Infections that cause kidney damage

Infections that cause kidney damage

Infections that damage kidneys

In these times of the COVID-19 pandemic, several realizations came to the fore. One of them was how unaware, a big chunk of our society is, on how several infections irrespective of where they initially start, can cause kidney damage. Something that resulted in the death of many patients with COVID-19 – a respiratory illness.

So we at Team ATK decided to get to work and compile a comprehensive list of all infectious diseases which can potentially cause kidney damage, even if the initial infection starts elsewhere. Continue reading “Infections that cause kidney damage”

Medicines can damage kidneys: Understanding Drug-induced Nephrotoxicity

Medicines damage kidneys

Whatever we eat, drink or inject into our body circulates via blood through our kidneys. This tenet holds true for medicines as well.

All of you know that prescription medicines come with specific dose instructions. These comply with dosing protocols found “safe & effective” after rigorous clinical trials for that drug. The purpose of such fixed dosing is to ensure maximum benefit from the drug & minimize the chances of harmful side effects.

If such medicines are not taken following your healthcare provider’s instructions, or if it is an illegal substance, it can end up harming your kidneys!

Technically, such medicines are termed “Nephrotoxic”.

Drug induced Nephtotoxicity cover | www.allthingskidney.com

This article aims to provide an overview of which drugs can cause nephrotoxicity (kidney damage), when and how, plus how to protect yourself against it.  Continue reading “Medicines can damage kidneys: Understanding Drug-induced Nephrotoxicity”

Protein in Urine: What, How & Why

Proteinuria

 

WHAT IS PROTEINURIA?

The leakage of Plasma Protein in urine is technically termed as “Proteinuria” (pronounced as pro-teen-you-reah). These proteins are NOT the usual nutrient that you obtain from food. These are a different class of Proteins specially made by your Liver.

Plasma Proteins normally circulate in your bloodstream & help with a range of functions essential to keep you alive. Urine samples with Protein tend to be visibly foamy / frothy akin to the kind that you get after dissolving detergents in water. The extent of foam will certainly vary with the extent of protein leakage.

Continue reading “Protein in Urine: What, How & Why”

Blood in Urine: Can it be resolved?

Haematuria (Red blood cells in urine) is not a disease in itself. It is a “sign” that points to an abnormality within your body.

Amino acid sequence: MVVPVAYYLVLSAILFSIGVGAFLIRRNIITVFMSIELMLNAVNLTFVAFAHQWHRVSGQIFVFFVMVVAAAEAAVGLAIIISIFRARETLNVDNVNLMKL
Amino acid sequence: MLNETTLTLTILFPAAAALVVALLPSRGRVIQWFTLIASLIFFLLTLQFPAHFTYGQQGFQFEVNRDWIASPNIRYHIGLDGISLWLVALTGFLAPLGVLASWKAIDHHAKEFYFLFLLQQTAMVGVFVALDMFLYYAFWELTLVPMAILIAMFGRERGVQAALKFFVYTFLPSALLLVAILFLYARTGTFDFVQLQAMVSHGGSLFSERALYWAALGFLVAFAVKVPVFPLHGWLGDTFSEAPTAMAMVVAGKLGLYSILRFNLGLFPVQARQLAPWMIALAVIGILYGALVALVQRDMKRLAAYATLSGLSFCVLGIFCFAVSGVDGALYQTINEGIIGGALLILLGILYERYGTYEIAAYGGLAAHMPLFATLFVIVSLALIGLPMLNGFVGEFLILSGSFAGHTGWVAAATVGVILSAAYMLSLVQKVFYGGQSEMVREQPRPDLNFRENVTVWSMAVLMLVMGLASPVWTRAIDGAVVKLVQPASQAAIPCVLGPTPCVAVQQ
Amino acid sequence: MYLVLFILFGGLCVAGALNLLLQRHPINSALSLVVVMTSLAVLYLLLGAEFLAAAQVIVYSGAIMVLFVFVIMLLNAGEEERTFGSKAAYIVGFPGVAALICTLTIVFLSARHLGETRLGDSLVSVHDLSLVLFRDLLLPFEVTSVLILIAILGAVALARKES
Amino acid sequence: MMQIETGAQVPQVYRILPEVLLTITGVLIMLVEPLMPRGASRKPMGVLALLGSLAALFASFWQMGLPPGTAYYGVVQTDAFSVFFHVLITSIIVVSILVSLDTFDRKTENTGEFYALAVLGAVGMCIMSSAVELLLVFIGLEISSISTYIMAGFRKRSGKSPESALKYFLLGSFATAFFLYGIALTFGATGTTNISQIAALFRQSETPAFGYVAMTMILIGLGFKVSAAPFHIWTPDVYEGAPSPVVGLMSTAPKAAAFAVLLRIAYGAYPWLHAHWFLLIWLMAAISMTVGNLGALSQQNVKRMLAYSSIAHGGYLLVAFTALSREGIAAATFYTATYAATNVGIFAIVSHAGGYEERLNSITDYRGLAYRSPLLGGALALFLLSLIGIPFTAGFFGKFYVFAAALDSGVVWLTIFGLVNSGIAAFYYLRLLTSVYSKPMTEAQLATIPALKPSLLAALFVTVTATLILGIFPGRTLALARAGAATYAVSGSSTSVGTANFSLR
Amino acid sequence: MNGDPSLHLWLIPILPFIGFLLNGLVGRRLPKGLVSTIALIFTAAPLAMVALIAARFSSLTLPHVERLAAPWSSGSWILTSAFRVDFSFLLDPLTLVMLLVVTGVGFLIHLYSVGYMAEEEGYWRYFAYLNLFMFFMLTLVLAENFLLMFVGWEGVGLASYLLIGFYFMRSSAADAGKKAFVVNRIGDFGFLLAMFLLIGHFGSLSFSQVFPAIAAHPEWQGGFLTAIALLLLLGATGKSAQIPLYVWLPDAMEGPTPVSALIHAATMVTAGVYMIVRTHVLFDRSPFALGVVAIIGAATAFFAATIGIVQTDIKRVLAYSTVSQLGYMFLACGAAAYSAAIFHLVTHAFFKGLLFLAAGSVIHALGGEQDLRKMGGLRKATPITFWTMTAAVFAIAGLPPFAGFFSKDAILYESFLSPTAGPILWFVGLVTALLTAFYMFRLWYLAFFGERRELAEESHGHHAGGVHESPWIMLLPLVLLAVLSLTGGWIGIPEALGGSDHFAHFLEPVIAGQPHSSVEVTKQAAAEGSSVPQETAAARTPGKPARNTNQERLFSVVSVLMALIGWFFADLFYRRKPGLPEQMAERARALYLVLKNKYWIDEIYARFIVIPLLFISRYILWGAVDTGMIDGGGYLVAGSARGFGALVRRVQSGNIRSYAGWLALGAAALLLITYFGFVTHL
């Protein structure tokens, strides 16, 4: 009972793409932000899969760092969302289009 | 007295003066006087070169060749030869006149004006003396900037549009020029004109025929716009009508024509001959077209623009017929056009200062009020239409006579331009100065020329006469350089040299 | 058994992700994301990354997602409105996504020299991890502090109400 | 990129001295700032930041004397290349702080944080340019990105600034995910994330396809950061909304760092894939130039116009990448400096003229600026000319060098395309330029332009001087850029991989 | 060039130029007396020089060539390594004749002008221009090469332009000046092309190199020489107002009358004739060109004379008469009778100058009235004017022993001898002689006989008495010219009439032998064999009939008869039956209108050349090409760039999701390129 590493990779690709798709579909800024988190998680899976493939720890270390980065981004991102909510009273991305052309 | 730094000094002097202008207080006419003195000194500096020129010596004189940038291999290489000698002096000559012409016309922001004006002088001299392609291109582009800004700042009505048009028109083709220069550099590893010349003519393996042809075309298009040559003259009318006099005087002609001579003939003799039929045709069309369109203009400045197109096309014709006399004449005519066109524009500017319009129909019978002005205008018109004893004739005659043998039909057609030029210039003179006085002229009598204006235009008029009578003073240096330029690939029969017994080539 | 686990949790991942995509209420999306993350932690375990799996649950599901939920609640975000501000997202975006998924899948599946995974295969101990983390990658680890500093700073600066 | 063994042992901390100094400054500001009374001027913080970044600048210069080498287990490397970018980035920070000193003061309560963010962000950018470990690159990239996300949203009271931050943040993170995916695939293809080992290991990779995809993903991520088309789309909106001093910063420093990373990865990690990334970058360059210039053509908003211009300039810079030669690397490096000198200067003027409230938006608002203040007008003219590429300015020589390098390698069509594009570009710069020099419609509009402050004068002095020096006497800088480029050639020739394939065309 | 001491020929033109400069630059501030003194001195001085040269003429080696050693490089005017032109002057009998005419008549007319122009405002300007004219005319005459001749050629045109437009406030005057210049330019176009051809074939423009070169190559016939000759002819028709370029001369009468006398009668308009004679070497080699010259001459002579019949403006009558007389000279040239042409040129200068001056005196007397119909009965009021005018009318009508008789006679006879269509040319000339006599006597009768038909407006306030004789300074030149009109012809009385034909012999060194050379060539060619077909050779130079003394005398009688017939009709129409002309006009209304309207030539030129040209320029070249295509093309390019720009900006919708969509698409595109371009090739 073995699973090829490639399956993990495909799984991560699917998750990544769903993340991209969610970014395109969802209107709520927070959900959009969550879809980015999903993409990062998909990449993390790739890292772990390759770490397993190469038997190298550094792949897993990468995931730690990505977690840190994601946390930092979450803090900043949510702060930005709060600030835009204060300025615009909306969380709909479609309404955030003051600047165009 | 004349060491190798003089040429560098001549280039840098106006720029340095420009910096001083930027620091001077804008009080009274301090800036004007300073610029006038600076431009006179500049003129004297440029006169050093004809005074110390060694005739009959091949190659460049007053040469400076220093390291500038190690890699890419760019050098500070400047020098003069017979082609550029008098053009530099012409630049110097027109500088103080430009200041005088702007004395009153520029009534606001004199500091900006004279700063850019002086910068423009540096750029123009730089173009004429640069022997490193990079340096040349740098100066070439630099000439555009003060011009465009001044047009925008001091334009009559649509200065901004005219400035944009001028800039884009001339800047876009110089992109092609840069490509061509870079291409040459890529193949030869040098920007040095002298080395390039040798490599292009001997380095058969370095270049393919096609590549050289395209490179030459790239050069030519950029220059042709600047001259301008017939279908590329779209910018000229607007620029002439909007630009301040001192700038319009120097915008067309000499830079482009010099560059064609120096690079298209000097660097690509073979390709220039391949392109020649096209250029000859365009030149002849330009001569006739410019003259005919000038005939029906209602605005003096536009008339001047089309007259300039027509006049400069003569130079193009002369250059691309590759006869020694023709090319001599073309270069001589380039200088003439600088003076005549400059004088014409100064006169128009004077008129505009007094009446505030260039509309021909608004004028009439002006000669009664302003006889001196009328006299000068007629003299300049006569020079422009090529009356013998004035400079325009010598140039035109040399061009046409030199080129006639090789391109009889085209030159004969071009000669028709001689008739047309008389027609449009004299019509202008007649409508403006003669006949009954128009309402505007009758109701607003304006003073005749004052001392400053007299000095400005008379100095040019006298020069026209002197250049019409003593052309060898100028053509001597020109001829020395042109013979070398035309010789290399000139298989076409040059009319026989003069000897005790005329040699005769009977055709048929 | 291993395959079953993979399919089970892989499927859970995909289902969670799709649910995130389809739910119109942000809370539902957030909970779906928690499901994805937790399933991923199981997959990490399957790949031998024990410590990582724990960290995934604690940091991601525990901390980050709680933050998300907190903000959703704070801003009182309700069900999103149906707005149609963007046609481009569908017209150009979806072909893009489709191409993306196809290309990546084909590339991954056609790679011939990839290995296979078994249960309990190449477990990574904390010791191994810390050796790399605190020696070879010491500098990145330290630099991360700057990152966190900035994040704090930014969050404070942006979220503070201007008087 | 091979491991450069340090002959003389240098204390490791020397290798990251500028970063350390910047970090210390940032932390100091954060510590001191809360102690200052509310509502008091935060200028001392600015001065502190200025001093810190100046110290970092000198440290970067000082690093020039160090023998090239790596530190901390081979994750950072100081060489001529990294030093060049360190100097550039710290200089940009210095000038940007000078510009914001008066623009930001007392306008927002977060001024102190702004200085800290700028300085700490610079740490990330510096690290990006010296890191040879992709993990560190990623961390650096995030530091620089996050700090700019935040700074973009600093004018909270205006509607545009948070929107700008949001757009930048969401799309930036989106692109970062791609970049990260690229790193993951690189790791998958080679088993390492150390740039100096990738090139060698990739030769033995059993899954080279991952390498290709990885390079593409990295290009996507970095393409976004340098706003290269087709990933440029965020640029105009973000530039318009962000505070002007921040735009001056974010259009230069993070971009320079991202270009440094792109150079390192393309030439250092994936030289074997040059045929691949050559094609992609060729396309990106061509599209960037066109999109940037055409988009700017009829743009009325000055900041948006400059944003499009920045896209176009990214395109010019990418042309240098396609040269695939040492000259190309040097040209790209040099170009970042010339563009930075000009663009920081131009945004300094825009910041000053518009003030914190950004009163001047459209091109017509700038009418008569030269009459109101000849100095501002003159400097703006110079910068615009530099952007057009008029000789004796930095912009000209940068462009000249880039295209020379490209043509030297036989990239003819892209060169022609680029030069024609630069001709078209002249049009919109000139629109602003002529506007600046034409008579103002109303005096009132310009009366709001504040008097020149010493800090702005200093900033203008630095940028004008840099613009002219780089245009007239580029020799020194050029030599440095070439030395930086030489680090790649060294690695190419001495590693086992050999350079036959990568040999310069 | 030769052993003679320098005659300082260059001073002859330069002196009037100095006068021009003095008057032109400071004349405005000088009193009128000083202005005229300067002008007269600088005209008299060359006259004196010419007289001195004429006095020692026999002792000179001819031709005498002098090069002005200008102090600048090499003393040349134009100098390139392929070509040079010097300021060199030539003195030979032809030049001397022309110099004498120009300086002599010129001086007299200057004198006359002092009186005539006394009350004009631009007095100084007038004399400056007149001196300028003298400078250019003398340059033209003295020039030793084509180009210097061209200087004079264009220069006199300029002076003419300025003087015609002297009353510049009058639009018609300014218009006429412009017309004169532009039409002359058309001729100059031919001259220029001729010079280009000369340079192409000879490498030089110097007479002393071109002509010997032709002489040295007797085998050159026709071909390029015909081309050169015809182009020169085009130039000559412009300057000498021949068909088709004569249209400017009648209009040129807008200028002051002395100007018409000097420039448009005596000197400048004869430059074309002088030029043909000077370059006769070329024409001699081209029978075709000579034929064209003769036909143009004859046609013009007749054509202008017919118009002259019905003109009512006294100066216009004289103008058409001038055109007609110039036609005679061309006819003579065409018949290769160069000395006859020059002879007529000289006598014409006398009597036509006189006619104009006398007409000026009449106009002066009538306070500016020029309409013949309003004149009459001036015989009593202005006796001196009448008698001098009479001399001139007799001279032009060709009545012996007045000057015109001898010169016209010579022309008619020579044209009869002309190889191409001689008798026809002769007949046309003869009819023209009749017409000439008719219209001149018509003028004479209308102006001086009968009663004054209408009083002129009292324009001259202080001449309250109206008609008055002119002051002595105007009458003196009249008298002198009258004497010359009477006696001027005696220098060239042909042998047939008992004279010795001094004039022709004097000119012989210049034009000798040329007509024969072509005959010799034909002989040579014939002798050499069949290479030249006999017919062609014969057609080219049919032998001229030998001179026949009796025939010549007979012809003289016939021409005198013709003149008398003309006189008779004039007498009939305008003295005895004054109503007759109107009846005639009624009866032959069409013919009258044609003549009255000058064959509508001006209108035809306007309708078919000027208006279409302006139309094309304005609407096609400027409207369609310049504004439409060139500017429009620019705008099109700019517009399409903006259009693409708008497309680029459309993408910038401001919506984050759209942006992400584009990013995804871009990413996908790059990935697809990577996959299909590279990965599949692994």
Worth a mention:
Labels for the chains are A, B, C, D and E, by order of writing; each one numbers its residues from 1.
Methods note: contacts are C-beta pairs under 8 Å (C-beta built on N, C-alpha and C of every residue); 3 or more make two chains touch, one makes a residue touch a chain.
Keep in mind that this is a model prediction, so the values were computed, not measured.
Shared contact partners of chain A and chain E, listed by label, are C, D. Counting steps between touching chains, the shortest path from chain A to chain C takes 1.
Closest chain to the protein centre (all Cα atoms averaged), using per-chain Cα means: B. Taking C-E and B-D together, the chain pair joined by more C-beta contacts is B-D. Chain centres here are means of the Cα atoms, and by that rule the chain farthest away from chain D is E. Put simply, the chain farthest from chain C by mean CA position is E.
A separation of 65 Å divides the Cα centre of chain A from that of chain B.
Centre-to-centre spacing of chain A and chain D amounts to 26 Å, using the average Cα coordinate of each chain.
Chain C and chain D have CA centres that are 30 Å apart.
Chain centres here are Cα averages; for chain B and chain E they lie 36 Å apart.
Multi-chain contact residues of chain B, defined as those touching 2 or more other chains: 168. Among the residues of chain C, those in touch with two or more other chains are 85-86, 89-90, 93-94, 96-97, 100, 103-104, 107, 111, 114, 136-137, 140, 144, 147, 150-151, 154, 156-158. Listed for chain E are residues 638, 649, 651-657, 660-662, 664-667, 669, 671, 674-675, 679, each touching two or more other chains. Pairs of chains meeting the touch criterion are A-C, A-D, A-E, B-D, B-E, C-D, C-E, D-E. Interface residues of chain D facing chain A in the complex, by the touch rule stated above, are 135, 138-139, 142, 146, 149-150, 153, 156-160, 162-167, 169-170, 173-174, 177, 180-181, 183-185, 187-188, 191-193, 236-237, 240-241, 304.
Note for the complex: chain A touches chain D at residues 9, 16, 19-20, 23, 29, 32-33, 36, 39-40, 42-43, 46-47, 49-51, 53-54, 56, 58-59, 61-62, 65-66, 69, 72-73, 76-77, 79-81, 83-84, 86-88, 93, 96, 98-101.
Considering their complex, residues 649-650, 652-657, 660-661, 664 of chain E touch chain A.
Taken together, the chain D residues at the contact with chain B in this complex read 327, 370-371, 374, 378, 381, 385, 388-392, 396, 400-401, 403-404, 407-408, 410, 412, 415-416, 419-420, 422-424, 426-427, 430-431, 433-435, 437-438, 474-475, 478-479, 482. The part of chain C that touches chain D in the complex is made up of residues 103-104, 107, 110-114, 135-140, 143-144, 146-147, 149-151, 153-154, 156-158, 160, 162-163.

The treatment approach towards haematuria would require a confirmed diagnosis of the underlying cause and adopting relevant medical and/or corrective surgical approaches. Whether it can be resolved completely or not would entirely depend on its root cause.

Link blood in urine

Presenting here, the general pointers that guide your treatment plan for patients with Haematuria.

Hand symbol blood in urine Continue reading “Blood in Urine: Can it be resolved?”

Blood in Urine: How to pinpoint the site of bleeding?

Haematuria (blood in urine) is a common reason for “Red Urine” in patients with Kidney and Urinary tract diseases.

If you consult your doctor for reddish discoloration of your urine, your doctor will first:

Clinical workup hematuria

Based on the clinical examination, you will be advised necessary laboratory-based tests to confirm the presence of blood in your urine.

These tests would also allow your doctor to get an approximate idea of where the blood could have been coming from, into your urine.

Continue reading “Blood in Urine: How to pinpoint the site of bleeding?”

Blood in Urine: The Bare Basics of Haematuria

Haematuria

WHAT IS HAEMATURIA?

Haematuria is the technical term for the presence of red blood cells (RBCs) in urine. This could range from minute quantities such that it is invisible to the naked eye (occult or hidden bleeding), to frank hematuria such that the urine assumes a reddish tinge to a cola-coloured appearance.

Red blood cells abundantly present in our bloodstream happen to carry a pigment called “Haemoglobin” within them. This is what gives our blood, a red colour and lends that reddish tinge to most urine samples that have blood in it.

Please note: For Haematuria, the urine sample must contain whole red blood cells and not just the red pigment of blood.

Continue reading “Blood in Urine: The Bare Basics of Haematuria”